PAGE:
4. Drones can provide agility at every stage of production

Deloitte last year identified drone data coordinator as one of a handful of new positions opening up as robotics literally take off in manufacturing. Unmanned aerial vehicles can play a role in multiple stages of production:

  • Drones can efficiently and safely locate raw materials out in the field by performing lower flyovers than planes.
  • Drones can transport materials, tools, and other assets within manufacturing plants by using vertical space and keeping out from underfoot.
  • Drones provide considerable opportunities in automated inventory management when combined with bar codes, QR codes or RFID tags.

The agility of drones, whether in the field or within a manufacturing facility, can take manufacturing by storm. For instance, a Spanish car manufacturer called SEAT uses drones to carry automotive parts between production and assembly plants.

This particular fetch-and-carry task once took humans an hour and a half or longer, but drones can do the same work in a quarter of an hour. It’s a perfect example of using robots to provide speed and agility while employees pivot to more cognitively demanding work.

5. Autonomous trucks keep parts moving

The American Trucking Association predicts the U.S. will see its truck driver shortage double in the next 10 years. Demand for freight services has softened slightly amid ongoing global trade tensions, but the talent crunch remains.

Automotive and technology companies are working quickly to solve or at least partially alleviate this problem. Locations throughout the U.S. are actively engaged in on-road testing for self-driving semi trucks.

Daimler’s and Torc Robotics’ on-road testing program in Virginia provides one example of such a collaboration, and Daimler has acquired Torc.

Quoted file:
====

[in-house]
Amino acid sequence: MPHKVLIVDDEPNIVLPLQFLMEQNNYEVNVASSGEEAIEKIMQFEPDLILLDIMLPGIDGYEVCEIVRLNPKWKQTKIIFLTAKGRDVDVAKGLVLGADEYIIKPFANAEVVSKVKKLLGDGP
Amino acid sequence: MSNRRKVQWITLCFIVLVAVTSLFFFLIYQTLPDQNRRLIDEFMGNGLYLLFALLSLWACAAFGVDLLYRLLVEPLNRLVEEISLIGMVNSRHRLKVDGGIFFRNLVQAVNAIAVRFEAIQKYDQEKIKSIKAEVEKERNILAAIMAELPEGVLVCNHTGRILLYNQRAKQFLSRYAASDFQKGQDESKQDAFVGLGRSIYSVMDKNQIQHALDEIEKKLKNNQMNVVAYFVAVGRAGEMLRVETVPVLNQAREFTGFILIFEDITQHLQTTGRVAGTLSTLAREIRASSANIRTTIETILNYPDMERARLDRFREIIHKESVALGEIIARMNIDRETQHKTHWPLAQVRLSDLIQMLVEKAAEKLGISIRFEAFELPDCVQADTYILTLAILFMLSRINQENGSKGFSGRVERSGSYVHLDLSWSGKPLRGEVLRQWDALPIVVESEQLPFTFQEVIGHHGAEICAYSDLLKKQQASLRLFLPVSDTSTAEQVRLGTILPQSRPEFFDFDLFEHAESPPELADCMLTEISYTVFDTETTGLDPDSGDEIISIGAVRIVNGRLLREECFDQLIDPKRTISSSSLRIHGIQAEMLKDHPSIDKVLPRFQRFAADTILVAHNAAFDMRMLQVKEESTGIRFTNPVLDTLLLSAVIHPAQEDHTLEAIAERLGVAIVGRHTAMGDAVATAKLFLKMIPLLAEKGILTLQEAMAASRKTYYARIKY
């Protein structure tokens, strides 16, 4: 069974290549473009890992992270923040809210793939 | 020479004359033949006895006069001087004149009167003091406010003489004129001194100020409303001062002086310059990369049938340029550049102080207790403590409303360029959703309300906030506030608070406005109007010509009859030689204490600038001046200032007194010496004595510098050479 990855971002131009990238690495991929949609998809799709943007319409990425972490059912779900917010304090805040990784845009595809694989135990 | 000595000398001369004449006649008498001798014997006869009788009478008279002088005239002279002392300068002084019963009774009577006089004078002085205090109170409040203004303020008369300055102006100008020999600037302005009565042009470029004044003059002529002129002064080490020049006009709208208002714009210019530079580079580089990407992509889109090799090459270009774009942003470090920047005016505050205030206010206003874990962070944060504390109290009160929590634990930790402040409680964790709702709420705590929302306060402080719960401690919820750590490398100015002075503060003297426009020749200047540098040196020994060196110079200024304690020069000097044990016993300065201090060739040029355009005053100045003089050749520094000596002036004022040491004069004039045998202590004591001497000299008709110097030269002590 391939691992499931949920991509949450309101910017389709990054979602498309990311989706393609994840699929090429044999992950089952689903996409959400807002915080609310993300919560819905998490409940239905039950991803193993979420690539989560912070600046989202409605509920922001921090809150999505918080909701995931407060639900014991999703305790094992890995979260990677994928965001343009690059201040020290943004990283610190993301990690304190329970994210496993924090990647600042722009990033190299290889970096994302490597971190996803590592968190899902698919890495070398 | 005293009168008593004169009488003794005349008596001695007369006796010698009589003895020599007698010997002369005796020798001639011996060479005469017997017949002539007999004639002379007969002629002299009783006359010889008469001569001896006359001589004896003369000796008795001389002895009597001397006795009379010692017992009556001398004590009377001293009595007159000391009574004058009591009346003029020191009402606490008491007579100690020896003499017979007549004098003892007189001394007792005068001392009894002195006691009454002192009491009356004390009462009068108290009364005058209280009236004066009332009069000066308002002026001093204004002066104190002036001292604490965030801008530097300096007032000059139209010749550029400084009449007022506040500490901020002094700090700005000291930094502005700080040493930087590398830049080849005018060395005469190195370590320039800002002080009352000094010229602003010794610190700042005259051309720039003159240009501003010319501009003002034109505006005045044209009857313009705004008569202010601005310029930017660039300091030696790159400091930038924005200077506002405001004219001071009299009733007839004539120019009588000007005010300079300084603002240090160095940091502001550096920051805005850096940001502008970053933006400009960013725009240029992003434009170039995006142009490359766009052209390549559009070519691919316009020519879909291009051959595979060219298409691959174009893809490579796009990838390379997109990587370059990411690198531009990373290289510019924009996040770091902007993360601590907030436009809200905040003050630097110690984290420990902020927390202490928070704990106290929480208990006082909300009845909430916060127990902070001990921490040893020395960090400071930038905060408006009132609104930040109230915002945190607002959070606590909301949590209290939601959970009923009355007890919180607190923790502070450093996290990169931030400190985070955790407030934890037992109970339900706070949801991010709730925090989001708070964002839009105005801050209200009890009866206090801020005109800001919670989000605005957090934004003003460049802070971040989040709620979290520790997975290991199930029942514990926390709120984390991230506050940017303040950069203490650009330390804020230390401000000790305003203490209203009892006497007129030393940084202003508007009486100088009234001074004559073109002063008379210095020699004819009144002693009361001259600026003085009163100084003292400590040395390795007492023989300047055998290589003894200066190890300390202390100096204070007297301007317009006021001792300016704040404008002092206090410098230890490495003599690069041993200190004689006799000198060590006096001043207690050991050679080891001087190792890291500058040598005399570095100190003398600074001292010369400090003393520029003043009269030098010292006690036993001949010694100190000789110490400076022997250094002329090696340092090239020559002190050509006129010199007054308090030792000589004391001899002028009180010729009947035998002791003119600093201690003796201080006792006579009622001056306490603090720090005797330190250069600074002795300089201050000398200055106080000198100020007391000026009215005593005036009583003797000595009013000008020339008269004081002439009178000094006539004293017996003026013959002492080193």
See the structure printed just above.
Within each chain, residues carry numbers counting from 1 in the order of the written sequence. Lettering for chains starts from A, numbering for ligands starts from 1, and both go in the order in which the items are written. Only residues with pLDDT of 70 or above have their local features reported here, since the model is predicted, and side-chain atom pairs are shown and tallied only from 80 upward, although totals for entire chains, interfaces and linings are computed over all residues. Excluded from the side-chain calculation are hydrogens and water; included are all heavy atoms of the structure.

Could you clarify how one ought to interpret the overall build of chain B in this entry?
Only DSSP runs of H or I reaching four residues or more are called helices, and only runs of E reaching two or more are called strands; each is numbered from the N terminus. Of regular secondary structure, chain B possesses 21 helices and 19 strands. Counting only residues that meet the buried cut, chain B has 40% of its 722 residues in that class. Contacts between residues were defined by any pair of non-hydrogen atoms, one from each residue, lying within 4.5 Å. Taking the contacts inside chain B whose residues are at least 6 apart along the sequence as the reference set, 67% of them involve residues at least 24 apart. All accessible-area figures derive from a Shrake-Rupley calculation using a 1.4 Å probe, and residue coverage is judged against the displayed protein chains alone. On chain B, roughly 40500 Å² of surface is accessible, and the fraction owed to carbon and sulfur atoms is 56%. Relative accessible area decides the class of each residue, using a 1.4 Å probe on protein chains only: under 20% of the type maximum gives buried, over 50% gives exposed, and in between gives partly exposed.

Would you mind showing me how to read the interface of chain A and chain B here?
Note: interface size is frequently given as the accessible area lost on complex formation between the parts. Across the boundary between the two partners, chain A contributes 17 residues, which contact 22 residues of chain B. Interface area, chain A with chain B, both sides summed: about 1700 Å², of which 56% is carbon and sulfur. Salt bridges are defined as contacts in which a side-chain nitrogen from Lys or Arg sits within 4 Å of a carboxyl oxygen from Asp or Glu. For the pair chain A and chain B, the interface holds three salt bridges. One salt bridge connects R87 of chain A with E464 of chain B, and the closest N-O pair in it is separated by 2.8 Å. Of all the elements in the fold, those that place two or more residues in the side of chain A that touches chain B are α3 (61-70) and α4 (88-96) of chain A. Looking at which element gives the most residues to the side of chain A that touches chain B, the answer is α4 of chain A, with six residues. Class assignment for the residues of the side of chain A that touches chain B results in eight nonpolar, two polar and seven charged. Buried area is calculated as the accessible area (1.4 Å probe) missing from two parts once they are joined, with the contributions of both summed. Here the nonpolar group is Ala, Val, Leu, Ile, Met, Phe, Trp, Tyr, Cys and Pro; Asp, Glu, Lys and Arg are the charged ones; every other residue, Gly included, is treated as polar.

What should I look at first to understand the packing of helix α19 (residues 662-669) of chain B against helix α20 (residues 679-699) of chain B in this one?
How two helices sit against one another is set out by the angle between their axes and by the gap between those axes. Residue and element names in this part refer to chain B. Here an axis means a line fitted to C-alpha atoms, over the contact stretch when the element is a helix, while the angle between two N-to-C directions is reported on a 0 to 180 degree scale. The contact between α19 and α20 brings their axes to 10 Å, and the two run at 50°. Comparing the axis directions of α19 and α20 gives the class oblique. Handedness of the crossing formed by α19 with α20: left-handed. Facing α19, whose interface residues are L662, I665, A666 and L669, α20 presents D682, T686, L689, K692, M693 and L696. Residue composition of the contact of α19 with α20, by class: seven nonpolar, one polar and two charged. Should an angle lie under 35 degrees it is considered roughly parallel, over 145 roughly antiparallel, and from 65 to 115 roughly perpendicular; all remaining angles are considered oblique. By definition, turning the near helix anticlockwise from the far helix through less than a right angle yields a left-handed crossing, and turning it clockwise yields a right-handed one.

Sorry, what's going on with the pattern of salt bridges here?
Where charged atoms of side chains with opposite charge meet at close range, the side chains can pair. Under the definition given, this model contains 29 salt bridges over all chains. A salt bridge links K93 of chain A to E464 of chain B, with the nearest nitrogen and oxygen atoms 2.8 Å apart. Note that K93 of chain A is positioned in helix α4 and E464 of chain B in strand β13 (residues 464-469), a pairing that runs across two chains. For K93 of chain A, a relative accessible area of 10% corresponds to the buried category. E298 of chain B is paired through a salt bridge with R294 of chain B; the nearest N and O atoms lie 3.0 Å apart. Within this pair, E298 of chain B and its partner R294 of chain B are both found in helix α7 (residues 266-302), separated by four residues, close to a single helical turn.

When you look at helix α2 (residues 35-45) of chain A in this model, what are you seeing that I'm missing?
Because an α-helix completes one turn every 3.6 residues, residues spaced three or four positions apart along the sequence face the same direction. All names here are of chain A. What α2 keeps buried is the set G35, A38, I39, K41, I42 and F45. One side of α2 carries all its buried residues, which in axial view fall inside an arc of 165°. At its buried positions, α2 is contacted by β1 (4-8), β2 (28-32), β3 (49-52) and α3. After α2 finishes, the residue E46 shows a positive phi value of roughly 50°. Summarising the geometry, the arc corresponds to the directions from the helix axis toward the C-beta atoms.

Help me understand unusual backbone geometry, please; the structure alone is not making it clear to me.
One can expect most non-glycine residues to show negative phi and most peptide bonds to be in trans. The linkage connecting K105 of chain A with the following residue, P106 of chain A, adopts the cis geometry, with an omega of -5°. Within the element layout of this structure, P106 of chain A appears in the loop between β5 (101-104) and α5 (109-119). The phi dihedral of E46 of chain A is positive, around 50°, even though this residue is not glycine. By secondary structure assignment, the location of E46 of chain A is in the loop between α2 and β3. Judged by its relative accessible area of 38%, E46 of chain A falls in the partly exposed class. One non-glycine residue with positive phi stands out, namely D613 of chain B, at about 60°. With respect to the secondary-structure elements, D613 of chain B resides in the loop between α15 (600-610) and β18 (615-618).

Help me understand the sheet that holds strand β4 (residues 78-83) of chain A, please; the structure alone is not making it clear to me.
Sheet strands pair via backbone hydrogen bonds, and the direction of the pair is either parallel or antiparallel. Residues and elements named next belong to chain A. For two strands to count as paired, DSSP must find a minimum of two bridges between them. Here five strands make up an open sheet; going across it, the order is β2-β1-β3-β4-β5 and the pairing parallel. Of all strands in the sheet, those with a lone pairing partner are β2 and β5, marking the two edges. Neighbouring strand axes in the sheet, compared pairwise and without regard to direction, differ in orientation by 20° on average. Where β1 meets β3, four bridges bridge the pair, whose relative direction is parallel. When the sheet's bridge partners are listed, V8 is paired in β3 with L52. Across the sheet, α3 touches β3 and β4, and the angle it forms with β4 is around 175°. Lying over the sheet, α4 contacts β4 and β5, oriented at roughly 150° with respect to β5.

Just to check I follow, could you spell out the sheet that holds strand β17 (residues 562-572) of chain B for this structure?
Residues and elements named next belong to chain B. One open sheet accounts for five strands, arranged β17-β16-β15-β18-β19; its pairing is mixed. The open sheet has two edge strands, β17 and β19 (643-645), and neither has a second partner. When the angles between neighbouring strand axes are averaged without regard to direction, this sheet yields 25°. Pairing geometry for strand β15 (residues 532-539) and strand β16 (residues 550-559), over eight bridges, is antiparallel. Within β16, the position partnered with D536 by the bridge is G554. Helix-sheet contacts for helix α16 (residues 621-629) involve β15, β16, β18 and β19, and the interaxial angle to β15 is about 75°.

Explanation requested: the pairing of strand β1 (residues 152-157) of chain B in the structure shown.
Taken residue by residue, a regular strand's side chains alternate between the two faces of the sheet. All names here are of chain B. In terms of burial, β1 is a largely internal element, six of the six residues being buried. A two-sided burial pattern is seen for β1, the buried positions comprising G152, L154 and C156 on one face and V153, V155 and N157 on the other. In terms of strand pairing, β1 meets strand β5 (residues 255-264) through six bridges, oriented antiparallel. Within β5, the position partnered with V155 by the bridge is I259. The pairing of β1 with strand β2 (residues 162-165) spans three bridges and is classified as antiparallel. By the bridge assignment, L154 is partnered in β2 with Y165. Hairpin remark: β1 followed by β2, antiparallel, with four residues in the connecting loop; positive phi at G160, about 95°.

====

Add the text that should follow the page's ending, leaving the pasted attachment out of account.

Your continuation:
While some estimates predict that fully autonomous trucks could eliminate some 294,000 driving jobs, the American Trucking Association said the industry will fail to fill 160,000 trucking jobs in the coming decade.

The talent shortage in logistics would directly affect manufacturers. Trucking companies transport more than 70% of all manufactured goods in the U.S. Autonomous trucks are very much an extension of robotics in manufacturing.

6. Robots can improve accuracy and error rates

The manufacturing industry relies on precision and generally has a low tolerance for errors. For those reasons, Kay Manufacturing began leveraging collaborative robots at its facility in Calumet City, Ill.

Thanks to improvements in machine vision and pathfinding, cobots have improved awareness of their surroundings in comparison with previous-generation robotics. They’re also capable of carrying out highly detailed and accurate inspections.

Applying just one cobot to a parts inspection process helped Kay Manufacturing repurpose three employees at a time into better-paying roles. Critically, Kay says it hasn’t laid off a single worker since it began incorporating robotics back in 1996, and it bought Universal Robots’ 25,000th robot arm.

Robotics can bridge talent gap for multiple industries

Manufacturing isn’t the only critical sector experiencing a talent shortage. The health care sector is another. People currently employed in these industries might be worried about robots taking over their jobs, but the examples here show their livelihoods are probably safer than they realize.

As robotics spreads into new manufacturing applications, we’ll see new roles for employees emerge even as robots perform many existing functions faster, more safely, and more accurately.